The Impact of Feeling ‘Touched Out’ on Women’s Sex Drive and Intimacy
As a sex therapist, I have had the privilege of working with many women who have experienced the delicate balance between motherhood, physical touch, and their sex drive. One observation I’ve made in my practice is how the demands of caring for children, combined with the sensation of being “touched out,” can significantly affect a woman’s libido and sexual desire.
What does being “touched out” mean?
Being “touched out” refers to the overwhelming exhaustion from constant physical contact and engagement with one’s children. Many mothers feel emotionally drained and depleted from the continuous need for physical attention and contact from their children.
Several factors can exacerbate the experience of feeling touched out. These may include the intensity of physical contact required by newborns or young children, the challenges of breastfeeding, and postpartum physical or emotional recovery. Furthermore, women also face societal expectations that tell them they should always be available for physical touch without regard for their own needs.
The impact of feeling touched out on a woman’s sex drive and libido can be significant. It can lead to a sense of disconnection from their body, and their partner and a decline in their desire for sexual intimacy. In addition, many women feel guilty for not wanting to be intimate with their partner, which can cause frustration and further strain in the relationship.
What can you do to navigate this time better?
1. Partner’s support: This is where partners play a crucial role in supporting women during the postpartum period. It is essential for partners to understand and respect women’s need for personal space around physical touch. Recognizing and honouring these boundaries without pressure or expectation can foster a healthier and more fulfilling intimate relationship.
2. Self-Care: Prioritizing self-care is also essential in addressing the effects of feeling touched out. Partners can encourage women to carve out time for rest and relaxation. They need to engage in activities that bring personal pleasure and fulfilment. If necessary, couples might need to enlist the support of a caregiver to temporarily take over childcare duties can allow the mother to replenish her energy and emotional reserves.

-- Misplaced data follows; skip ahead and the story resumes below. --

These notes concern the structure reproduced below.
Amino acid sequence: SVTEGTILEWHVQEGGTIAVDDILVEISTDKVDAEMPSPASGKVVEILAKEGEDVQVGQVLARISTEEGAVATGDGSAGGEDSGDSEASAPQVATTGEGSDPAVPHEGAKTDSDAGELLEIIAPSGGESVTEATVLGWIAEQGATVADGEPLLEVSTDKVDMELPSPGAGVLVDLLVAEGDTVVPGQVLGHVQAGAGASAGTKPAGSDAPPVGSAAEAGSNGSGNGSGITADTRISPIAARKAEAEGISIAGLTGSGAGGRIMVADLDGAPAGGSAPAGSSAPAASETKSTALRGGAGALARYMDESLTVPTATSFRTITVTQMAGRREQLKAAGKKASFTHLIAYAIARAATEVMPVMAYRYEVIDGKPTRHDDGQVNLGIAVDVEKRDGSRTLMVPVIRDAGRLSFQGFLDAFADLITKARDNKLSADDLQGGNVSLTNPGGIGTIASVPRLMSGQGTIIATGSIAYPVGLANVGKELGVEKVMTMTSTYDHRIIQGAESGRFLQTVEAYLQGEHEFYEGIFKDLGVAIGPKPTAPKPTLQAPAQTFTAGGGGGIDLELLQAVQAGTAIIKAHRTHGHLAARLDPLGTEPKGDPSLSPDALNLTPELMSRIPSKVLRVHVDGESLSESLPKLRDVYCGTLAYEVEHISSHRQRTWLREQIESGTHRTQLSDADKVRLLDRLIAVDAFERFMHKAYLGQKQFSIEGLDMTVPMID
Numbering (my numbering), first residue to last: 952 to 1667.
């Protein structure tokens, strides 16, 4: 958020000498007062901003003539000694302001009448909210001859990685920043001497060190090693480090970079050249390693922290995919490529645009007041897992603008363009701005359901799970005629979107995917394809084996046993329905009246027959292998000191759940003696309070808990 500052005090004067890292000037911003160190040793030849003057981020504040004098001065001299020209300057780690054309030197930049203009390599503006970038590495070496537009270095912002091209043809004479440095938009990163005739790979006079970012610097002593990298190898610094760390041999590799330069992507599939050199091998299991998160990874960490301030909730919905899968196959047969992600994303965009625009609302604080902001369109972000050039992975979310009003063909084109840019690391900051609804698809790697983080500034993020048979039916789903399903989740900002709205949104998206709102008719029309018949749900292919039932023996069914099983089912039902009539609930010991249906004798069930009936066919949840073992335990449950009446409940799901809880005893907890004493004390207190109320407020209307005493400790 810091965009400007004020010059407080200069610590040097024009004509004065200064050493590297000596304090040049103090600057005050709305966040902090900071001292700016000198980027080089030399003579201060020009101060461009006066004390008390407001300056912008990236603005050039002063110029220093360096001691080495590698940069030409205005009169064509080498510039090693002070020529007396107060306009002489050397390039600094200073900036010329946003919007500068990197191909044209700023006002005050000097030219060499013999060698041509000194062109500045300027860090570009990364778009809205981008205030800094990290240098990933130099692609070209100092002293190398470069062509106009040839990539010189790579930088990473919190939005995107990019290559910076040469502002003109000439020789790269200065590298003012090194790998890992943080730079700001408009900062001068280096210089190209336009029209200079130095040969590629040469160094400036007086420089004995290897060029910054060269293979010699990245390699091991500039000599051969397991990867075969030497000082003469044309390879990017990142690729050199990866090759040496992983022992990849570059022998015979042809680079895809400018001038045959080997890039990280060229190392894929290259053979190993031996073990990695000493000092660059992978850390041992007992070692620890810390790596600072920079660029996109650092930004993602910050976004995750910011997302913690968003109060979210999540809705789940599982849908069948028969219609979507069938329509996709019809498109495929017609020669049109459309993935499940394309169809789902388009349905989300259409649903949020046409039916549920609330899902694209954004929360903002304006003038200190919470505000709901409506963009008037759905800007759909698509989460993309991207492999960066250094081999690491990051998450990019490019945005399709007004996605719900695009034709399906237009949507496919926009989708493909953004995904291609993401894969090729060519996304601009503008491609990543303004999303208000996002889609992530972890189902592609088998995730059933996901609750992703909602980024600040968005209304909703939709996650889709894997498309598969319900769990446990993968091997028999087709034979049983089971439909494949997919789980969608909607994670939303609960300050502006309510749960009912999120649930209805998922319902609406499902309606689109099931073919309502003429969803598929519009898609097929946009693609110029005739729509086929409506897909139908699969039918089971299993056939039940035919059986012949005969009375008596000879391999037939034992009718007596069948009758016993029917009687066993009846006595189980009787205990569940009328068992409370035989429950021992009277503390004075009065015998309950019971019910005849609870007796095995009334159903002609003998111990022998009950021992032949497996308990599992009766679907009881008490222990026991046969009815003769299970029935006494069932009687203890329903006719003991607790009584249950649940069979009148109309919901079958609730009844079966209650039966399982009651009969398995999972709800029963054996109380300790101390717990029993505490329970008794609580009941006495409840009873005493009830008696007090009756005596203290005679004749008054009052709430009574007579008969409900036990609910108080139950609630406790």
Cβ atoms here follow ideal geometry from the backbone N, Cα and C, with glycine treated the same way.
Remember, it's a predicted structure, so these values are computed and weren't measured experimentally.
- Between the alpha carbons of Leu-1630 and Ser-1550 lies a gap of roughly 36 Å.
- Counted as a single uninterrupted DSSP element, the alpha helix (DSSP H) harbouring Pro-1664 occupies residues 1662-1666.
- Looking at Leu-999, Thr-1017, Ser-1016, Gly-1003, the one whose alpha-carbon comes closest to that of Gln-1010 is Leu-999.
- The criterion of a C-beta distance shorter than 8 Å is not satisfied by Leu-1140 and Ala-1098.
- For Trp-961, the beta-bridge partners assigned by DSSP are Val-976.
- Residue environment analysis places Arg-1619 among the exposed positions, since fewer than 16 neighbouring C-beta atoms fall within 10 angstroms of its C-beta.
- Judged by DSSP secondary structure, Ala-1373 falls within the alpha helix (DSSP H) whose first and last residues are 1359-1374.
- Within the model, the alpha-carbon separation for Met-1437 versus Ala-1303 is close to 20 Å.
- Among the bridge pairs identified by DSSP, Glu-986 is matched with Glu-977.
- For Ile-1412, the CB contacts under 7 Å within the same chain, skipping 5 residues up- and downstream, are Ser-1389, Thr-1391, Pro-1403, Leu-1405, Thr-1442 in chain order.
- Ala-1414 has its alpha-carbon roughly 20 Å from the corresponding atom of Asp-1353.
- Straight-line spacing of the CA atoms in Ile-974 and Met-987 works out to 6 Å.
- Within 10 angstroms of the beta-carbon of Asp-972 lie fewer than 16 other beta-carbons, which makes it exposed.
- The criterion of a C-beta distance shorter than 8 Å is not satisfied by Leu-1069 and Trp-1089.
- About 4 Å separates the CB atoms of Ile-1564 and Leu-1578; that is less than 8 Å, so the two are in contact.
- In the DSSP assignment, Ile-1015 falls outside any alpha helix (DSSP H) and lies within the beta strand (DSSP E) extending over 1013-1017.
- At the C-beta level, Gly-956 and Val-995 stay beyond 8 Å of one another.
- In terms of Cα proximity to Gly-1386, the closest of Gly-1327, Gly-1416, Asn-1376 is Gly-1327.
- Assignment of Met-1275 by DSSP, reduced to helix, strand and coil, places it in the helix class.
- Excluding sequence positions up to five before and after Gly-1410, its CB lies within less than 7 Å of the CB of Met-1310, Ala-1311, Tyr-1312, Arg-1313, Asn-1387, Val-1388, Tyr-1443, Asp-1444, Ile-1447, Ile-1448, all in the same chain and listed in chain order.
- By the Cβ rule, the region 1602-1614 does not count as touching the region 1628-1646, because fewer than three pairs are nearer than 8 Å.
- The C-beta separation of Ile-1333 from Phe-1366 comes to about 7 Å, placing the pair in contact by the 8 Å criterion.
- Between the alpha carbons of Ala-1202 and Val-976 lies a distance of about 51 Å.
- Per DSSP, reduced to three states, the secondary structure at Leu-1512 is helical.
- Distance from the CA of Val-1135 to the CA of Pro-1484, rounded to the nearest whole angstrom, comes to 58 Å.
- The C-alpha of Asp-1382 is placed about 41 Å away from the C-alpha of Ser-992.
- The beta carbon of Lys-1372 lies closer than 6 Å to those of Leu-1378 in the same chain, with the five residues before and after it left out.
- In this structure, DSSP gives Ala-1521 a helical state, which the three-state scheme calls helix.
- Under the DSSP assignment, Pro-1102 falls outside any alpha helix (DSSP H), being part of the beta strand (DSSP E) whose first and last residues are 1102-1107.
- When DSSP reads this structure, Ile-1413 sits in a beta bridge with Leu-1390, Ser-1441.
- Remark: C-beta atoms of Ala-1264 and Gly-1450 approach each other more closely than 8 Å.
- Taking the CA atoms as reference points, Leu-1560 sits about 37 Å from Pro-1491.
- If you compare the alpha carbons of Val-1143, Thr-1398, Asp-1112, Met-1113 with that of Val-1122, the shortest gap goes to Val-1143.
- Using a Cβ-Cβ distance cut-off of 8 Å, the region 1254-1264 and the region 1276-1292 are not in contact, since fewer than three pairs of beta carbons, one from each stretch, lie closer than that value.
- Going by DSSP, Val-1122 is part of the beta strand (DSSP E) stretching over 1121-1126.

3. Quality time or date night: During this time, couples need to spend time together and reconnect. This time should be free of pressure to engage in sex. Instead, they should focus on rebuilding emotional intimacy and communication. They can also find alternative ways to reconnect that do not revolve around physical touch. This can include engaging in meaningful conversations, sharing experiences, and doing activities both partners enjoy.
4. Communication: It’s helpful for partners to be understanding and patient. Creating a safe space for each other to express their emotions. This space needs to be free of judgment to foster a deeper connection and understanding between partners.
As a therapist specializing in relationships and intimacy, I can provide you and your partner with a safe space to process your emotions, improve communication skills, and develop healthy coping strategies. I understand the challenges of parenthood and can offer guidance and support to help you navigate the impact it may have on your intimacy and relationship. Feel free to contact me if you have any questions about my approach to couple therapy or would like to schedule a session.